After teaching writing and critiquing many chapters for the past several years, I’ve come up with a list of the common mistakes I see in manuscripts. Let me assure you, I’ve made many of them myself, but maybe we can help each other go on a hunt for these trouble spots.
1. POV slips
Nothing bothers me quite so much as hopping from one person’s head to another in the same scene. Just when I think I’m in Jane’s head, seeing the world through her eyes—bam. The writer jumps to Billy’s head, and that changes everything. Billy thinks differently from Jane about the weather, the people, the emotions—everything really. It’s okay to have multiple points of view when writing in third person, but stick to one person per scene. In my opinion, head-hopping keeps the reader from getting emotionally involved in the scene.
2. Being verbs
When writers pile on the being verbs, they rob their prose of it’s most vibrant element. Let me clarify—just in case someone’s wondering—the verbs I’m talking about. (Am, is, are, was, were, be, being, been.) These static verbs don’t do anything. They just sit there. If you rework your sentences, most of the time you can replace these weak verbs with vivid action words. Simple example: There was an oak tree in the yard. (Weak.) An oak tree shaded the lawn. (Stronger.)
3. Too many adverbs
I remember one story I read that had an –ly adverb in almost every sentence. Everything went sweetly, quickly, softly, and nauseatingly along. Instead of walked swiftly, try rushed, hurried, or scrambled. Go on an –ly hunt and consider every one guilty until you rid your prose of these bland thieves. After you’ve learned to write without them, you may find a time to work one or two necessary ones back into your writing.
4. Labeling with adjectives instead of word painting
Sometimes we label the things we want to describe instead of taking the time to use an artist’s eye to paint them. We write about a “beautiful sunset” or “ugly frog”. Instead of using the labels of “beautiful” and “ugly”, take the time to observe unique details—even if it’s in your imagination. Maybe the sunset isn’t so beautiful. On a day when everything’s gone wrong for your hero, maybe the sun bleeds it’s orange rays across the sky. Look for the flaw in something beautiful or a redeeming quality in something ugly. You just might come up with a sentence we all wish we’d written!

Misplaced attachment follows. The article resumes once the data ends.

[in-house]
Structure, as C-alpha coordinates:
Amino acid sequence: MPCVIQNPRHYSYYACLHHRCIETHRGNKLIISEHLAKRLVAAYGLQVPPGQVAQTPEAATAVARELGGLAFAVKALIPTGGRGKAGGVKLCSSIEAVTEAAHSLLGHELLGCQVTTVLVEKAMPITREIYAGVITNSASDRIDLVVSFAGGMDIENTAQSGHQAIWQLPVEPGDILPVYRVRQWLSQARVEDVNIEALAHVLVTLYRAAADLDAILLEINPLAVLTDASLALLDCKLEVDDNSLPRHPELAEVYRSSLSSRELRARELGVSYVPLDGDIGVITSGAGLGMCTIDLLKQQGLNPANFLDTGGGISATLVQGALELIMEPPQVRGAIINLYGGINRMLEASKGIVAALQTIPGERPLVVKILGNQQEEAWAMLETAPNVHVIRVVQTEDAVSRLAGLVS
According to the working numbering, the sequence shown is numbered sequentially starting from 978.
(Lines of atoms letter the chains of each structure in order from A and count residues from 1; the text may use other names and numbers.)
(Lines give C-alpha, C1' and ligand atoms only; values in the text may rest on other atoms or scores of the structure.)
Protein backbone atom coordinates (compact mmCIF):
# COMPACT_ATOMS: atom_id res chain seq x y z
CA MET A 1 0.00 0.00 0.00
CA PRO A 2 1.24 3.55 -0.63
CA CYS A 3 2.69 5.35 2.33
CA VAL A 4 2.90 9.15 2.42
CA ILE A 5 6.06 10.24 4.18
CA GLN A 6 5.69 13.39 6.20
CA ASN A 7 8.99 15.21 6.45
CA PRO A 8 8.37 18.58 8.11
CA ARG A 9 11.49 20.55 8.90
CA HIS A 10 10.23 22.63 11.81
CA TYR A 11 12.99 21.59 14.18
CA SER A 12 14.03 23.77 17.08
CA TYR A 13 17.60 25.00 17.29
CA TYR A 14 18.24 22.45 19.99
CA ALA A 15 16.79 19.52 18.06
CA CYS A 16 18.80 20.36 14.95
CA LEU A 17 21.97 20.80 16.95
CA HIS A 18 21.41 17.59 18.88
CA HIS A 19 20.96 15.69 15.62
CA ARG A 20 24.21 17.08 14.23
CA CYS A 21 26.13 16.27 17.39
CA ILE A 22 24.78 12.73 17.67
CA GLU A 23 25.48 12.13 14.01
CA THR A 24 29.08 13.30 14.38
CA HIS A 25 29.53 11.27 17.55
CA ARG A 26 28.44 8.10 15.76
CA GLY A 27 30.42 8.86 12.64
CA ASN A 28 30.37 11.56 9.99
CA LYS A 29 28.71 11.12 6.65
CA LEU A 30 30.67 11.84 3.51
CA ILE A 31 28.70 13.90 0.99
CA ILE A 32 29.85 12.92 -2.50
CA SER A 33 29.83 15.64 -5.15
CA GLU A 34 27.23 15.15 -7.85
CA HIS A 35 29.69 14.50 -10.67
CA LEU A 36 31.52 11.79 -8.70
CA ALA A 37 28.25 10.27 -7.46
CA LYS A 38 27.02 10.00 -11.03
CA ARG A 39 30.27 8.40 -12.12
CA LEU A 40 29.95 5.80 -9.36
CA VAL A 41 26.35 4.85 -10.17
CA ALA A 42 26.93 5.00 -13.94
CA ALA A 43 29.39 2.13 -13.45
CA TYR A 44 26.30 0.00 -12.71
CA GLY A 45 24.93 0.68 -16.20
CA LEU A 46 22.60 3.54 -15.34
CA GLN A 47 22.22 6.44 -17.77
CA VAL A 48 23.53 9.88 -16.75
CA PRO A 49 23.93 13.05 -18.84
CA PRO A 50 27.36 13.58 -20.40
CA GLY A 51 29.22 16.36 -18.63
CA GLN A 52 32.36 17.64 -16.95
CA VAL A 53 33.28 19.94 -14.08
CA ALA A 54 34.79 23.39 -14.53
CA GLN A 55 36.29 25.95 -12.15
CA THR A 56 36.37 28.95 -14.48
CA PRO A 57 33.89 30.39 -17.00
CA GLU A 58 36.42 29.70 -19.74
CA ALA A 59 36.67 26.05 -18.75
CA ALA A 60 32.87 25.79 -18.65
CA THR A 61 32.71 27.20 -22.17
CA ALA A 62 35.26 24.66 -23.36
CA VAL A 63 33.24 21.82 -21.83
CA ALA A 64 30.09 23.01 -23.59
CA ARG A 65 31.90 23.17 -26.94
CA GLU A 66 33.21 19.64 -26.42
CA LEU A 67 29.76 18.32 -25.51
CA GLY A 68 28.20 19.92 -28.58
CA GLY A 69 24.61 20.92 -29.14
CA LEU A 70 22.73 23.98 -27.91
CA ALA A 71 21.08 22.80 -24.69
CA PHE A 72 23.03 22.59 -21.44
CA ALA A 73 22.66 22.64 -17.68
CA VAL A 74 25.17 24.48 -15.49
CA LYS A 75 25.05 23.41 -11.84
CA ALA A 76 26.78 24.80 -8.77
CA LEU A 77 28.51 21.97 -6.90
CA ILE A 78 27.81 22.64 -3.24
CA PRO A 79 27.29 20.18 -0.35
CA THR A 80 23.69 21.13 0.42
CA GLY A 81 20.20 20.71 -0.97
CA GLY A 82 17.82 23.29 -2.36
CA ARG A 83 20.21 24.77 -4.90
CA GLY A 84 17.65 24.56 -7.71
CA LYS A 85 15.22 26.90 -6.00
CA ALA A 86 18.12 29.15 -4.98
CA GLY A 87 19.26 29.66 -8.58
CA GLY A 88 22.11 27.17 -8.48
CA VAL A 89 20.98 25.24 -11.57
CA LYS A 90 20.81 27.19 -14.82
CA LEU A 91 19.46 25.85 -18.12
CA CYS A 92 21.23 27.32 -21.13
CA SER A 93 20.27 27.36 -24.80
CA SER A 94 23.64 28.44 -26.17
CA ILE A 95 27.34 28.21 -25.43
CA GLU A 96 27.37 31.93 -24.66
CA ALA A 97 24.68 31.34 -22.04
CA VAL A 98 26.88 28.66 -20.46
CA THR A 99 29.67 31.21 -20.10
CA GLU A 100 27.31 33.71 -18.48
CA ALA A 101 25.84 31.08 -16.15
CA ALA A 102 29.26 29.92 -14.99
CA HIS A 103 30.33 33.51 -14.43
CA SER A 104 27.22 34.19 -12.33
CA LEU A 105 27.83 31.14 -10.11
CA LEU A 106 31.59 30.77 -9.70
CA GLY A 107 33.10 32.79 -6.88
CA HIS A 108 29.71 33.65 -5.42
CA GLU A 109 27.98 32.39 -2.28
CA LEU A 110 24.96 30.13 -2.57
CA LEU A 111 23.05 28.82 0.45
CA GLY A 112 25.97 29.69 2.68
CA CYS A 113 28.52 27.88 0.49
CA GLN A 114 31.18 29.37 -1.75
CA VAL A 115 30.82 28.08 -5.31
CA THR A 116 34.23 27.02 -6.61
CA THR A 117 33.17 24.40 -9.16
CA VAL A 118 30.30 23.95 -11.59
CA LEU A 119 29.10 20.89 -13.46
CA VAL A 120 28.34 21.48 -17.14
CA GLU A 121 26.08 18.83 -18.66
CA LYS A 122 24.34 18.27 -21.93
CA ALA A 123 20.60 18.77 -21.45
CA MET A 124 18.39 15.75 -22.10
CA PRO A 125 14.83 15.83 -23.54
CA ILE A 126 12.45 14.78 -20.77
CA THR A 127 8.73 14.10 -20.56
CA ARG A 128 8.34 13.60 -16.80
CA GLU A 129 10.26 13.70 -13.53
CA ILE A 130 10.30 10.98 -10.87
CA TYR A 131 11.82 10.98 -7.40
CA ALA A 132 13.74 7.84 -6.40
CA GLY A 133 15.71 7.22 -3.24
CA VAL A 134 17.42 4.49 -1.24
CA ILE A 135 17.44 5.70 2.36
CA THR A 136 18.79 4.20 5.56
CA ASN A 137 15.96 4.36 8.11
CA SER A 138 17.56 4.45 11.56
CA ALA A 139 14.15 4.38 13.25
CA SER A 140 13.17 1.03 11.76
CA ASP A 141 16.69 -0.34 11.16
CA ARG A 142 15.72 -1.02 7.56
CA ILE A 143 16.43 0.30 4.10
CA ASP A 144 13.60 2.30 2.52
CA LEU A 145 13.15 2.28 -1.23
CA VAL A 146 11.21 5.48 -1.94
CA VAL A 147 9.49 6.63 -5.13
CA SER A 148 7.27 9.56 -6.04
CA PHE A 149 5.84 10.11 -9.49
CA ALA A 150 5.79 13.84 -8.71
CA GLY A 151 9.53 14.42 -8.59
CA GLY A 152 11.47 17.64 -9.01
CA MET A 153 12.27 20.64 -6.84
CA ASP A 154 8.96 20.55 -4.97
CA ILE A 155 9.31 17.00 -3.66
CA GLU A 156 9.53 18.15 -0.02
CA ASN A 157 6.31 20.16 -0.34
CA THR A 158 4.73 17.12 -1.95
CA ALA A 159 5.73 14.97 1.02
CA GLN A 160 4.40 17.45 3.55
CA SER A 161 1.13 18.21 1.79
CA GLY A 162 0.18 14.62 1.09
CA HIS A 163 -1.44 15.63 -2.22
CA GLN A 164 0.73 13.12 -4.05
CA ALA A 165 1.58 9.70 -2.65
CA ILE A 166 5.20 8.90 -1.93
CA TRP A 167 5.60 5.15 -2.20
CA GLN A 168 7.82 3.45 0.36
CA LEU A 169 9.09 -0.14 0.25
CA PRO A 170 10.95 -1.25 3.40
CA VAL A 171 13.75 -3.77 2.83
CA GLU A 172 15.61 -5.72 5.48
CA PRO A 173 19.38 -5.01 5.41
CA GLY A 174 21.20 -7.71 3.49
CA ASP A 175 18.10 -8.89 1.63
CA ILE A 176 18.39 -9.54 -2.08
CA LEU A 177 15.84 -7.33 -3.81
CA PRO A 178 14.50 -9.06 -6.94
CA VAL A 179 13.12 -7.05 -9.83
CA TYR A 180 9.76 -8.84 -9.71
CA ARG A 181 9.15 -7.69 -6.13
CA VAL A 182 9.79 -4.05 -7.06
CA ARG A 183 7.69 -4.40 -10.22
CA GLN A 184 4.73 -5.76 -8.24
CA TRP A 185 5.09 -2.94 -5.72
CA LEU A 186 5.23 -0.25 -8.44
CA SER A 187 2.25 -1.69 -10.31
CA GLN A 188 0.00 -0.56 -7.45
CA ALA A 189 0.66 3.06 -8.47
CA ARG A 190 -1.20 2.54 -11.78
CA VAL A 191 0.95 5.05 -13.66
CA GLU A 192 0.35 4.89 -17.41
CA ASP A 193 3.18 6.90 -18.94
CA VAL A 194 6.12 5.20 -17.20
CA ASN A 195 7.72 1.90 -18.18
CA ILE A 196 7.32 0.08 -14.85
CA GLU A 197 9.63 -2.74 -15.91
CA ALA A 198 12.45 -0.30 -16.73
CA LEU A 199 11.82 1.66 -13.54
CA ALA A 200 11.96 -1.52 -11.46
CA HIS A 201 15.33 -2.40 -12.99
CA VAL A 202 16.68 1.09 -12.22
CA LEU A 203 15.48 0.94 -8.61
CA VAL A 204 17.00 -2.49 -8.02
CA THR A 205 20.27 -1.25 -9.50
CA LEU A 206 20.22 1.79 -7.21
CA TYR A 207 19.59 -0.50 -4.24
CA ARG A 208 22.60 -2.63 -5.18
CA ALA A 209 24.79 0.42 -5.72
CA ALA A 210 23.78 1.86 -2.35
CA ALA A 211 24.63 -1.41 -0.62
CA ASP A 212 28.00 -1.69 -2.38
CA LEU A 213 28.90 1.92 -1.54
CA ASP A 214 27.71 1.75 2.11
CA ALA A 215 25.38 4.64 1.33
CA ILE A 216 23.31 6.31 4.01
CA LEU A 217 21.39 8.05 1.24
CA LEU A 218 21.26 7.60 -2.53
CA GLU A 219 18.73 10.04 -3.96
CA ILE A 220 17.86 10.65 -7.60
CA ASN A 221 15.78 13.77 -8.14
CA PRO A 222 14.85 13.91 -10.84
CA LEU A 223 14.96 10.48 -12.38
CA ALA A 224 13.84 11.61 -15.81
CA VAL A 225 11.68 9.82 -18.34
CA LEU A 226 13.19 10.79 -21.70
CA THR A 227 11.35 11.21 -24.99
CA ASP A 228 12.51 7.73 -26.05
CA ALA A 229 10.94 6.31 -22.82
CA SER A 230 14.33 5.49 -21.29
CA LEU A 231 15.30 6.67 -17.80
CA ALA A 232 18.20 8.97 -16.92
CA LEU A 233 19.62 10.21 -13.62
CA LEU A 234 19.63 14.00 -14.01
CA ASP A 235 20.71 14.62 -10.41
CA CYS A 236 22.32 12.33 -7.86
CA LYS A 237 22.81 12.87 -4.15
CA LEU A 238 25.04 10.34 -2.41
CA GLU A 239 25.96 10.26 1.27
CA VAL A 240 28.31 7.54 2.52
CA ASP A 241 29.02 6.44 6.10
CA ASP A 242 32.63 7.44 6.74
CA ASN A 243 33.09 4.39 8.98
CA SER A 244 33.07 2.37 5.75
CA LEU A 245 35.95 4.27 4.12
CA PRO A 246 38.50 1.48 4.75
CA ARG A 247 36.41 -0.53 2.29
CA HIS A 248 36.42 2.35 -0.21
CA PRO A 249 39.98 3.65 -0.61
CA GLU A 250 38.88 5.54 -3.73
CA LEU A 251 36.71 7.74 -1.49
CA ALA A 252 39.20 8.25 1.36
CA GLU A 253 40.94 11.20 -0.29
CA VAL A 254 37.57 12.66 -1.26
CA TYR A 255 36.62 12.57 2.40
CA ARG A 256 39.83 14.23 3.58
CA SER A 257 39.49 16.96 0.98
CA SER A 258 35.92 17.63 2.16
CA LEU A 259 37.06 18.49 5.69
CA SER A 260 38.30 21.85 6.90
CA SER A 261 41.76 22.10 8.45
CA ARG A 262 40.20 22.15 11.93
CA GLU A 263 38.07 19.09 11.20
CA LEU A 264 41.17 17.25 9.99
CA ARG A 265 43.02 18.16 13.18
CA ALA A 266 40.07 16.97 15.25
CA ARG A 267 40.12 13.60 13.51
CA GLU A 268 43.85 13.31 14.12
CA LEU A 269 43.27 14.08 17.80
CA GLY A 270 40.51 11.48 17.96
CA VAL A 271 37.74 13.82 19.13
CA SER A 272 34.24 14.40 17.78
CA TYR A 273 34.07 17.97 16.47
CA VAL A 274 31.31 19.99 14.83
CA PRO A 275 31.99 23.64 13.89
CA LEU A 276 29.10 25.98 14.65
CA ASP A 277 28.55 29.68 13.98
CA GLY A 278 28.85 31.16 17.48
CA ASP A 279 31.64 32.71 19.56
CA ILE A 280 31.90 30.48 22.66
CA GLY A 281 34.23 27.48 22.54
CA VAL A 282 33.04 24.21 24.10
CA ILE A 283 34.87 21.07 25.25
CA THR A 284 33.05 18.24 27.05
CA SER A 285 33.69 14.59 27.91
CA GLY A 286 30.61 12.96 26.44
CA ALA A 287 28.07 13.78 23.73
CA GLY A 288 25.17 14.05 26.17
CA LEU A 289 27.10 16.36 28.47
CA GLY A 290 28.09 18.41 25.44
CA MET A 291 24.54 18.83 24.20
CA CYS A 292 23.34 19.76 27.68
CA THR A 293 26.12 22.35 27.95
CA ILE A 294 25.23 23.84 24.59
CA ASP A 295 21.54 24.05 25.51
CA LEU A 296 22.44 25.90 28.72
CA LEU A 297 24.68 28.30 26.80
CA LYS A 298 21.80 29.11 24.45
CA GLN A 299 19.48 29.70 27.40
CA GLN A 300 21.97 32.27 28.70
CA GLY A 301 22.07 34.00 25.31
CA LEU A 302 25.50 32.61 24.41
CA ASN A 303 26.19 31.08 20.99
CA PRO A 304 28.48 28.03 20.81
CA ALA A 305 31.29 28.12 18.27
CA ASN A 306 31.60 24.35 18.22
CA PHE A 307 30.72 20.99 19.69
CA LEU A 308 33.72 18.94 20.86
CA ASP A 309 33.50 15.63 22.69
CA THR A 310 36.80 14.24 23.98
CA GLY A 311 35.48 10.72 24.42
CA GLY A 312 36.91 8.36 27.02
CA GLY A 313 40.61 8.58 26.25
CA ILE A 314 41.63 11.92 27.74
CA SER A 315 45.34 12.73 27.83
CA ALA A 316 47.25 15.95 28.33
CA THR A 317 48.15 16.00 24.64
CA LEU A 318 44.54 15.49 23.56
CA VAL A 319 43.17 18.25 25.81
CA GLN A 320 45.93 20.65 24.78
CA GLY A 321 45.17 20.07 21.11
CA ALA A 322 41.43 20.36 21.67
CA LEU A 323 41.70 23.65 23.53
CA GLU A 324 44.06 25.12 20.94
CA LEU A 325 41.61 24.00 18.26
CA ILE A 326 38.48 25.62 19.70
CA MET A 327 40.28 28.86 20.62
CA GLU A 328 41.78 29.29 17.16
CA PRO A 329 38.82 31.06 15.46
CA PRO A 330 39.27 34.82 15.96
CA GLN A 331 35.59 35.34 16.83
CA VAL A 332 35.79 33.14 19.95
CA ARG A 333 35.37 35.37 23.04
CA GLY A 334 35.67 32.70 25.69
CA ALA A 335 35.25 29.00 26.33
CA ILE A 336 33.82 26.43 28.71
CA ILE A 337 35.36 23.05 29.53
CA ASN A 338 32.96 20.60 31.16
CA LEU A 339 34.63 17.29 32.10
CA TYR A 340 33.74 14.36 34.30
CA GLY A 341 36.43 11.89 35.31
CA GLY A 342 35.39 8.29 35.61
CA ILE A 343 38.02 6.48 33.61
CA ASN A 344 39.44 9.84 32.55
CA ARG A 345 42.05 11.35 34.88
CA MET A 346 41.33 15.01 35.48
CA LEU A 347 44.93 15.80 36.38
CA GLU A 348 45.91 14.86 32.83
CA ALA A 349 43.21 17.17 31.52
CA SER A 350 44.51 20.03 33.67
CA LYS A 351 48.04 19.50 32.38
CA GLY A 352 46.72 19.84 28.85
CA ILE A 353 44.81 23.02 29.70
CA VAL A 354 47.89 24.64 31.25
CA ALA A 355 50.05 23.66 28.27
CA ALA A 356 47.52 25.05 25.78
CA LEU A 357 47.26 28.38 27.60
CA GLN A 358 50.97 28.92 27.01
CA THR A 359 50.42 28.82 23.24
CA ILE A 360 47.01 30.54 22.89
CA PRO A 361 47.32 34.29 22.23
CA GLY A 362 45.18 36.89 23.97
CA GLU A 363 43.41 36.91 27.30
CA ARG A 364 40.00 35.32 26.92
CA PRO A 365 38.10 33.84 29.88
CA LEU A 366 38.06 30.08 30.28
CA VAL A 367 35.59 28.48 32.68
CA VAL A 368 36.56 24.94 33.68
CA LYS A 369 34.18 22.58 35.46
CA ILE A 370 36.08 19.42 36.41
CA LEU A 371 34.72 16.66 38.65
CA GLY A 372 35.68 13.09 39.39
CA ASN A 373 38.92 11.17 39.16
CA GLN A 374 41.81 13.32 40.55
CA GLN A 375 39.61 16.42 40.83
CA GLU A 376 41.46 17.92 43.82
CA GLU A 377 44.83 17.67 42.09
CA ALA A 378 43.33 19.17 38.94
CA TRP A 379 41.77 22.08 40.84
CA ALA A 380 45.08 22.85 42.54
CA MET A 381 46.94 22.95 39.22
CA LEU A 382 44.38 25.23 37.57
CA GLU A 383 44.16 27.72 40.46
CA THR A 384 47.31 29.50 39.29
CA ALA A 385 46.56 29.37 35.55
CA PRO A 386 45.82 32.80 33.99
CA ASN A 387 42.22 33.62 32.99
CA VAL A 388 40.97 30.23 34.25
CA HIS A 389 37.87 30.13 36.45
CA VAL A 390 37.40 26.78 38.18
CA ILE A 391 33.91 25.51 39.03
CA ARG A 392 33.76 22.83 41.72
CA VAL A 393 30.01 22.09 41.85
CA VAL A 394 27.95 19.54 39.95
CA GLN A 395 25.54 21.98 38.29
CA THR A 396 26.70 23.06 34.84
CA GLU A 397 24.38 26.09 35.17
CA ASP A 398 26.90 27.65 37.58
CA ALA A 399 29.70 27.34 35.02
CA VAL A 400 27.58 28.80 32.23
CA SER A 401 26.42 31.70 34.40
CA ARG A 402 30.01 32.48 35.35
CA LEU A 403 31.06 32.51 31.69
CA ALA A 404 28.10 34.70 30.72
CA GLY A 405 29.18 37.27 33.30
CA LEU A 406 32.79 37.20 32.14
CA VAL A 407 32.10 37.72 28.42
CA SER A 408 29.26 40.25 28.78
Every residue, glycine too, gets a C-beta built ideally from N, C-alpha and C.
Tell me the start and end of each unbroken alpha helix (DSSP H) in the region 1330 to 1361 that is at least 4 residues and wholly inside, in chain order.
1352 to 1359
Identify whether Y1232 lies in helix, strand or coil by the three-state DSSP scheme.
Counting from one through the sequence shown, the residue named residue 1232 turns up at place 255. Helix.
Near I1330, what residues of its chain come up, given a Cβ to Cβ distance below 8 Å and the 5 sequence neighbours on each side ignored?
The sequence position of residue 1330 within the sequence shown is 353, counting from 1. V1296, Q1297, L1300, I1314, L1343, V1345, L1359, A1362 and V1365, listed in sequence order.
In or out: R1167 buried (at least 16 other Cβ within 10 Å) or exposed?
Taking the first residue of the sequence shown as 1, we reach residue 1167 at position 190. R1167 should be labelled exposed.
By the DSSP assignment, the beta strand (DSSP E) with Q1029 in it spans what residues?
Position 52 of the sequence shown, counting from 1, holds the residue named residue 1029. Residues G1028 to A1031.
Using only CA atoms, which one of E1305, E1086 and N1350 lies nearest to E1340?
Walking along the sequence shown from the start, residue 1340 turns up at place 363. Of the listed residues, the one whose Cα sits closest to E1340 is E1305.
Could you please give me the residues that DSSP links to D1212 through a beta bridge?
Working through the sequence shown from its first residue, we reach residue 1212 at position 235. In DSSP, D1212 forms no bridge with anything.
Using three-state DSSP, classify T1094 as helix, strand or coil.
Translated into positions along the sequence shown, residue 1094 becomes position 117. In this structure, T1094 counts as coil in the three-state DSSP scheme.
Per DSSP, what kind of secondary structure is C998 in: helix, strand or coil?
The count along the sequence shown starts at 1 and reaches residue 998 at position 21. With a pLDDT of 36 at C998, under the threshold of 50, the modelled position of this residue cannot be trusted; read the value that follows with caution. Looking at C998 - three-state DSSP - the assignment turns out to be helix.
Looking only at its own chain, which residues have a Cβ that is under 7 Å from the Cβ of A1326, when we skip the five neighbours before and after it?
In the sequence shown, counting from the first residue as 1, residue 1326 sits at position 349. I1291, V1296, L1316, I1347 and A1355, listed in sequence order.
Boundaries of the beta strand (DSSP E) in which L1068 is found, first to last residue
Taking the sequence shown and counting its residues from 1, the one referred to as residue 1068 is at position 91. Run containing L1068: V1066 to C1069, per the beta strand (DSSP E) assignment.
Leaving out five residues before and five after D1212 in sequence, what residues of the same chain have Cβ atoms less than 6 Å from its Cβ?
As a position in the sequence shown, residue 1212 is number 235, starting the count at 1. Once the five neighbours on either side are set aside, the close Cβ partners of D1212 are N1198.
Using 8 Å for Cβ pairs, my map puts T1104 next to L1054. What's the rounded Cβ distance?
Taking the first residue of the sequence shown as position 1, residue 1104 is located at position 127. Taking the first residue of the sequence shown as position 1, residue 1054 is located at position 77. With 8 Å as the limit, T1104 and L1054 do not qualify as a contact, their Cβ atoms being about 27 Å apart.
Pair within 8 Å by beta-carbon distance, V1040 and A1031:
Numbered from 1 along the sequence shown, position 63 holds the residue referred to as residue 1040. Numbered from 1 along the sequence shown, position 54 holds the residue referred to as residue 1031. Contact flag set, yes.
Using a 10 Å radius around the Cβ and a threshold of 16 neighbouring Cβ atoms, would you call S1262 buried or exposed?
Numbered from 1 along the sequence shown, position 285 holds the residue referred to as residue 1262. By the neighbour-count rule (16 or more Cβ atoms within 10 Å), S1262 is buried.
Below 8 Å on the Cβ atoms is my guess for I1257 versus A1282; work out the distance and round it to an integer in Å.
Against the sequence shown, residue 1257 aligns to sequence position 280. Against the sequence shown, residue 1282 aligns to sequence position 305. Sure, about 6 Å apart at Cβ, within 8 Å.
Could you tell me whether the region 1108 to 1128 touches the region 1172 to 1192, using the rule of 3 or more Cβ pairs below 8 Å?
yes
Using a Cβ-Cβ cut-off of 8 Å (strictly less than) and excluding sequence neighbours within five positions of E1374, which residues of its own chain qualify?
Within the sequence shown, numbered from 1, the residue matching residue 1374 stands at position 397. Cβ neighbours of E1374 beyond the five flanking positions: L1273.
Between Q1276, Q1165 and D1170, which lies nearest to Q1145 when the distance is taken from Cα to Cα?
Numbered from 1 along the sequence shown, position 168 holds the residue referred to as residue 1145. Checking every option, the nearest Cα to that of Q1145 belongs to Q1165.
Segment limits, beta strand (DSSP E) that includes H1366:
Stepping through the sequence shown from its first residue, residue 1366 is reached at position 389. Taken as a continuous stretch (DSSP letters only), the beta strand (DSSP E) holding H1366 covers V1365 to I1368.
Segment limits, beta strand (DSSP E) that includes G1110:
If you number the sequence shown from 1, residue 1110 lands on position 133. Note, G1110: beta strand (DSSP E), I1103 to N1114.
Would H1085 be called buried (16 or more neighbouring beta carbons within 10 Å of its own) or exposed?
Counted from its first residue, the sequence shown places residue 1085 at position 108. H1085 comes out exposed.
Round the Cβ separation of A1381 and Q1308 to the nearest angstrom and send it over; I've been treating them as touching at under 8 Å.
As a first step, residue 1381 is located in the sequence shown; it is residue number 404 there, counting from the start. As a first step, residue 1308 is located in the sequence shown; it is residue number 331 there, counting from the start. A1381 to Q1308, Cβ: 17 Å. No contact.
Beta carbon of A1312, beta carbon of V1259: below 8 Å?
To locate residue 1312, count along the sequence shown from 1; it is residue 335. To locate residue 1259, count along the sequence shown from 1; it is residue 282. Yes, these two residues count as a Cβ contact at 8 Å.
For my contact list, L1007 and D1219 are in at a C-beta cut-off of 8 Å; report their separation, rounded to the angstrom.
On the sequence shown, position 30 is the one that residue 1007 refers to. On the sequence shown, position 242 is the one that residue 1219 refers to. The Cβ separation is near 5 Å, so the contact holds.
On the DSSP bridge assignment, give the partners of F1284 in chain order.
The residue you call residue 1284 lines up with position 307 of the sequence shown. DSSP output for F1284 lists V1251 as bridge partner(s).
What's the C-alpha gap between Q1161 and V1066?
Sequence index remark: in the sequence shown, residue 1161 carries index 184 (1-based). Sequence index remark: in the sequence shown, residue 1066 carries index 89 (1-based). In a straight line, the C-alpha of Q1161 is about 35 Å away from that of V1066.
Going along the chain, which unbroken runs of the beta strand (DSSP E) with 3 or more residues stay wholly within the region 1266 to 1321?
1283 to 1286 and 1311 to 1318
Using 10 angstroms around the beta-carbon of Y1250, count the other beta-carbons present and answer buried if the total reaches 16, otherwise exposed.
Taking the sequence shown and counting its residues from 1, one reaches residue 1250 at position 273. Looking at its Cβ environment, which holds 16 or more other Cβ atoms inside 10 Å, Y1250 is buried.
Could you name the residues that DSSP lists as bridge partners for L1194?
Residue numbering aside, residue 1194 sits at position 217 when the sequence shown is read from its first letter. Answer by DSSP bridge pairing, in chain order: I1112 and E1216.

5. Filtering through the consciousness of a character
This concept might sound hard to understand, but a few examples will clear it up. Avoid phrases such as: he thought, noticed, wondered, realized, noted, considered, realized, etc. Here’s an example: “He noticed a mockingbird entertaining the neighborhood from its perch in a tree.” Remove the filter and move deeper into his point of view. “A mockingbird entertained the neighborhood from its perch in a tree.” If you’ve stayed true to No. 1 above, we’ll know that he noticed it, and we’ll feel more like we’re in his skin.
6. Lack of inner journey character arc
Some stories I’ve read have a great outer journey for the character with a tangible goal and a compelling motivation, but the inner journey of the character is lacking. Jeff Gerke, quthor of How To Find Your Story, goes so far as to say the story is really 75% about the inner journey. Also, know your character’s inner goal and motivation. If you think about it, even all the animated movies have an inner journey. Think about Shrek. We see what’s going on inside him, and that’s why we care about whether or not he succeeds.
7. Episodic writing
In episodic writing, lots of things happen to the hero, but he just goes through his day reacting to everything. Usually in these stories the character’s goal is weak so he doesn’t have anything that he must achieve, or maybe the stakes aren’t high enough. So what if he doesn’t get it? If the character has a strong goal and the stakes are high, he’ll take steps to reach the goal and won’t wait around for something to happen.
8. Lack of motivation for characters
Most of the time your heroes and heroines can do just about anything—as long as they have a strong motivation. If they don’t have a proper motivation for what they do, they will appear too stupid to live. Why does your hero want that? Why will he go to the extreme to get it?
9. Characters who are too perfect
Yuck. I don’t care to spend hours and hours reading about perfect people. As my friend Shelly Dippel says, “They’re too good for earth. Send ‘em on to heaven!” What flaws do your characters have? What lies do they believe? What mistakes do they make? What hot buttons do they have? Do they sometimes mouth-off when they should keep silent? And while we’re at it, give your villains depth by bestowing upon them a couple of good qualities.
10. Going overboard
Sometimes when I teach a new concept, I find that my students get so enthused about it that they go overboard. I teach about metaphors, and the next chapter has so many metaphors that the good ones are hidden among the mediocre ones. Or I teach about using vivid verbs, and the student writes a twisted sentence just to avoid a being verb. Use common sense, and don’t take any of these tips to the extreme!
Go over a scene that you’ve written and see if you can find any of these things that weaken your story. Rewrite!